Associate Professor Mekonnen Firew Ayano has a broad teaching portfolio as he settles in at UB Law: He’ll teach courses in property, immigration and environmental law.
His scholarly investigations are just as wide-ranging. Ayano has researched and written on immigrants’ experiences in low-income housing in Washington, D.C.; land law in his native Ethiopia; and most recently, how lawyers function in the development relationship between China and Africa.
There’s a throughline to his work. He’s motivated, he says, by “the distributive outcome of certain legal rules” or how the law works to improve some people’s lives and fails to work for others.
Ayano comes to Buffalo from the University of Missouri School of Law, where he taught for two years as a visiting assistant professor. Before that, he completed a postdoctoral fellowship at Harvard University’s newly established Center for African Studies, examining law and development in African settings. He also taught briefly at Harvard Law, where he earned his SJD—Harvard Law’s most advanced degree—in 2016.
He was drawn to UB Law, he says, by its reputation as a leader in the Law & Society movement, which uses the tools and approaches of the social sciences to understand how the law works in society. “My research is in Law & Society, so I knew about Buffalo while I was a graduate student at Harvard,” Ayano says. “UB School of Law has been influential in this area.”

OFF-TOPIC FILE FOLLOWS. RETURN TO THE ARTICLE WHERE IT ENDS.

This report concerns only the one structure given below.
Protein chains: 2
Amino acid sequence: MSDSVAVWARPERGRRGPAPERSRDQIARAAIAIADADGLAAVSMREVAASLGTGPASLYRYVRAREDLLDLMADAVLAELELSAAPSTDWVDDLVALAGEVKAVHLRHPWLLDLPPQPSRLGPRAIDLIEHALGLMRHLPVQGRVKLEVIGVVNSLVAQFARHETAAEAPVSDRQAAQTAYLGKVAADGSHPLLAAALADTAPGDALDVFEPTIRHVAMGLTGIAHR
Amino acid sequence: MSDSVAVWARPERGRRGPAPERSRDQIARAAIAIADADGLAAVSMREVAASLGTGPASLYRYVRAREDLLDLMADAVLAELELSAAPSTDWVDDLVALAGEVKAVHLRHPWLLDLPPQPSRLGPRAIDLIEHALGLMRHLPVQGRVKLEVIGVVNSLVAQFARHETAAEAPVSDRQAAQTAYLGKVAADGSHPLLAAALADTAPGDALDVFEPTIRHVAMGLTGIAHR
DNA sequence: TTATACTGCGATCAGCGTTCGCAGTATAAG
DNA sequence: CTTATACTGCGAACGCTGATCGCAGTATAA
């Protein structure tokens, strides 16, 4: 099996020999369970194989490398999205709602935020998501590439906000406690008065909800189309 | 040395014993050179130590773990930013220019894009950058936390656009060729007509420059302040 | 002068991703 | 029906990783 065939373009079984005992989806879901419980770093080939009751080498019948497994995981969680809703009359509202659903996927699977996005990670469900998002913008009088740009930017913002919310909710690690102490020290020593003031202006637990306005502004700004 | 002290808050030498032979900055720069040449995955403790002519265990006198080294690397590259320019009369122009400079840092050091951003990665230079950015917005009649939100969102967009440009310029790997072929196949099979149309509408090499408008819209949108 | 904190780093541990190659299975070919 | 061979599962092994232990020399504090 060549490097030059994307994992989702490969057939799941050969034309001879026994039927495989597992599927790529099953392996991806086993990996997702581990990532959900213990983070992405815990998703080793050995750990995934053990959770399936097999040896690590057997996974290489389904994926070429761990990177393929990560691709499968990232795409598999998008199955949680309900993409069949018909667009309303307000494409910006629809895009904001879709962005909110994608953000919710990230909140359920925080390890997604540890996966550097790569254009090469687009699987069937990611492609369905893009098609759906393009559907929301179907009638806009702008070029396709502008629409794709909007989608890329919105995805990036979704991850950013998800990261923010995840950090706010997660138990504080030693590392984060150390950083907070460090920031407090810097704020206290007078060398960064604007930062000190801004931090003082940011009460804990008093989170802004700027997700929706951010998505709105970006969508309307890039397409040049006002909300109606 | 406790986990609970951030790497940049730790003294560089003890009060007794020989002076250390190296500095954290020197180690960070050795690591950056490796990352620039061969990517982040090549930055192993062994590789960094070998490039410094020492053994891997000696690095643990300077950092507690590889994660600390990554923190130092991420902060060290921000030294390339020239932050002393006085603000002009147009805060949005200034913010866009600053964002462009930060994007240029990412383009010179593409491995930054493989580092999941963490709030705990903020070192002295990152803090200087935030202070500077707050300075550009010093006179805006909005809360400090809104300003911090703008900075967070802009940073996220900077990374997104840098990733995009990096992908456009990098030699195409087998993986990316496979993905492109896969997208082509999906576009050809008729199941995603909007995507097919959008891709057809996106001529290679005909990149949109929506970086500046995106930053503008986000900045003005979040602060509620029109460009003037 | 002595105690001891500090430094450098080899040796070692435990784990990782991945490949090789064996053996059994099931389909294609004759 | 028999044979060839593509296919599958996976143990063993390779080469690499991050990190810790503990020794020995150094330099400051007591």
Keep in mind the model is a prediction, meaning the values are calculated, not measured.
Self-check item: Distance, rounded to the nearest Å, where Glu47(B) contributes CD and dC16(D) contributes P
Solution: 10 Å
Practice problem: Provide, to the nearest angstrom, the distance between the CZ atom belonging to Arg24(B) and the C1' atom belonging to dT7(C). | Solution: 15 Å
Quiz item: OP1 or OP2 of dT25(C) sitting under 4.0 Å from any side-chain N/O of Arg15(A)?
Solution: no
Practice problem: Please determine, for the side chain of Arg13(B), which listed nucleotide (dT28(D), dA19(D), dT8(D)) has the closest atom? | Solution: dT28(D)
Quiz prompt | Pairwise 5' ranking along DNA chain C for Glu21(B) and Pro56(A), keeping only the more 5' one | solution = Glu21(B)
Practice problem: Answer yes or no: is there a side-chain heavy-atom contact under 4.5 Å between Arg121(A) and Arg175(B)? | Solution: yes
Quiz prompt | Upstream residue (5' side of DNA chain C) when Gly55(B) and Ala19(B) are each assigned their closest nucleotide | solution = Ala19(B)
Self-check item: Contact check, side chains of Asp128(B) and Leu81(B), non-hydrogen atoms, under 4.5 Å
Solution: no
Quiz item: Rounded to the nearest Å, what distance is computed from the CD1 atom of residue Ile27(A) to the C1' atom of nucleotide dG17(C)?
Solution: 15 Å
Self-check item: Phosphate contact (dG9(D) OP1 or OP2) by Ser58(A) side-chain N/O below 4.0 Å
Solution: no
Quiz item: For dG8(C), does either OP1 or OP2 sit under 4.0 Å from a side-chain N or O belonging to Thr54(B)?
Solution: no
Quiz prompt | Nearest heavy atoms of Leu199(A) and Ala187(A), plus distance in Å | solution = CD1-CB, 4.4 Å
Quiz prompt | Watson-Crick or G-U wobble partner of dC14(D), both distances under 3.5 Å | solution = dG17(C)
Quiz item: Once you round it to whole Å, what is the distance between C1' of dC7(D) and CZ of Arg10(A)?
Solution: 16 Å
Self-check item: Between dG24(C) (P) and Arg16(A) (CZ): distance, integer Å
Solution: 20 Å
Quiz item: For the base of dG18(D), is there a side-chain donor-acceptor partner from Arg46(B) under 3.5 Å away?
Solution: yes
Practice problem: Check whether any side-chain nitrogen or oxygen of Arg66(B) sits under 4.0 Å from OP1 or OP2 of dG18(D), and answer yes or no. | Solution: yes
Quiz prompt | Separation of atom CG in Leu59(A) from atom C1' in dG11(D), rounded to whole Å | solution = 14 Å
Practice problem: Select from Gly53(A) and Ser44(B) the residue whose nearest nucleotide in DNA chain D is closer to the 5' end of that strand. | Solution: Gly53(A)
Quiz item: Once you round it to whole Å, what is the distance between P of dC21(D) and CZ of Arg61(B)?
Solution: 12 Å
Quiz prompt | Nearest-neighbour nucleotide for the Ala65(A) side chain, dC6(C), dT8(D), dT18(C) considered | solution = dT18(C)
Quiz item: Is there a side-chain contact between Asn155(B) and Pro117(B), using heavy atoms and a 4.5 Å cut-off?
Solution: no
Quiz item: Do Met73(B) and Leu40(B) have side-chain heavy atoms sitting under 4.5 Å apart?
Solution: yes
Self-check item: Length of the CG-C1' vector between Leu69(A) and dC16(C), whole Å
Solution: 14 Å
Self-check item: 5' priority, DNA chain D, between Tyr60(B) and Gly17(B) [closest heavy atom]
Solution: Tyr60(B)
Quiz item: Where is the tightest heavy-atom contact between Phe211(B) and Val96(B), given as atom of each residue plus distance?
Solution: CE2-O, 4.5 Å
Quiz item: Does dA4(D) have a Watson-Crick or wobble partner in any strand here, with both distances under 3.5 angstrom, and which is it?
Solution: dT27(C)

Ayano also brings with him extensive practice experience in transnational law. As legal counsel at the legal divisions of the World Bank, he worked in Washington for three years providing transactional legal services for international development projects and programs. Following that, he was counsel for a regional economic bloc, comprising 27 East African nations, working in Burundi and Kenya.
And just after completing his undergraduate studies at Addis Ababa University, he served on the trial bench of the High Court of Oromia, a vast and mostly rural and agrarian district of central Ethiopia. The appointment wasn’t all that unusual, he insists—university-educated lawyers are scarce in the country, and he was one of the few judges on the court with a legal education from a university.
It was while serving on the court, Ayano says, that he realized he might do more good as an academic. “Everyone wants to change the world and make everything perfect,” he says. “The ideas I had from law school and what I expected to happen on the bench, was really not right.” The fraught relationship between lenders and small farmers troubled him. Despite his place on the bench, sometimes he could do nothing to stop evictions that threatened families’ livelihood. “Maybe,” he decided, “there is a deeper problem that I should think about.”
All those experiences inform his teaching and so does his personal story as a global citizen. Teaching immigration law, for example, Ayano says, “I have been through so many immigrations. Students need to know that people move around and things are interconnected globally. I have that experience of being in different places at different times, and I can link that to the legal black-letter materials we are studying. They read the materials and read the cases, but they don’t necessarily know the practical aspects. I can show them the reality."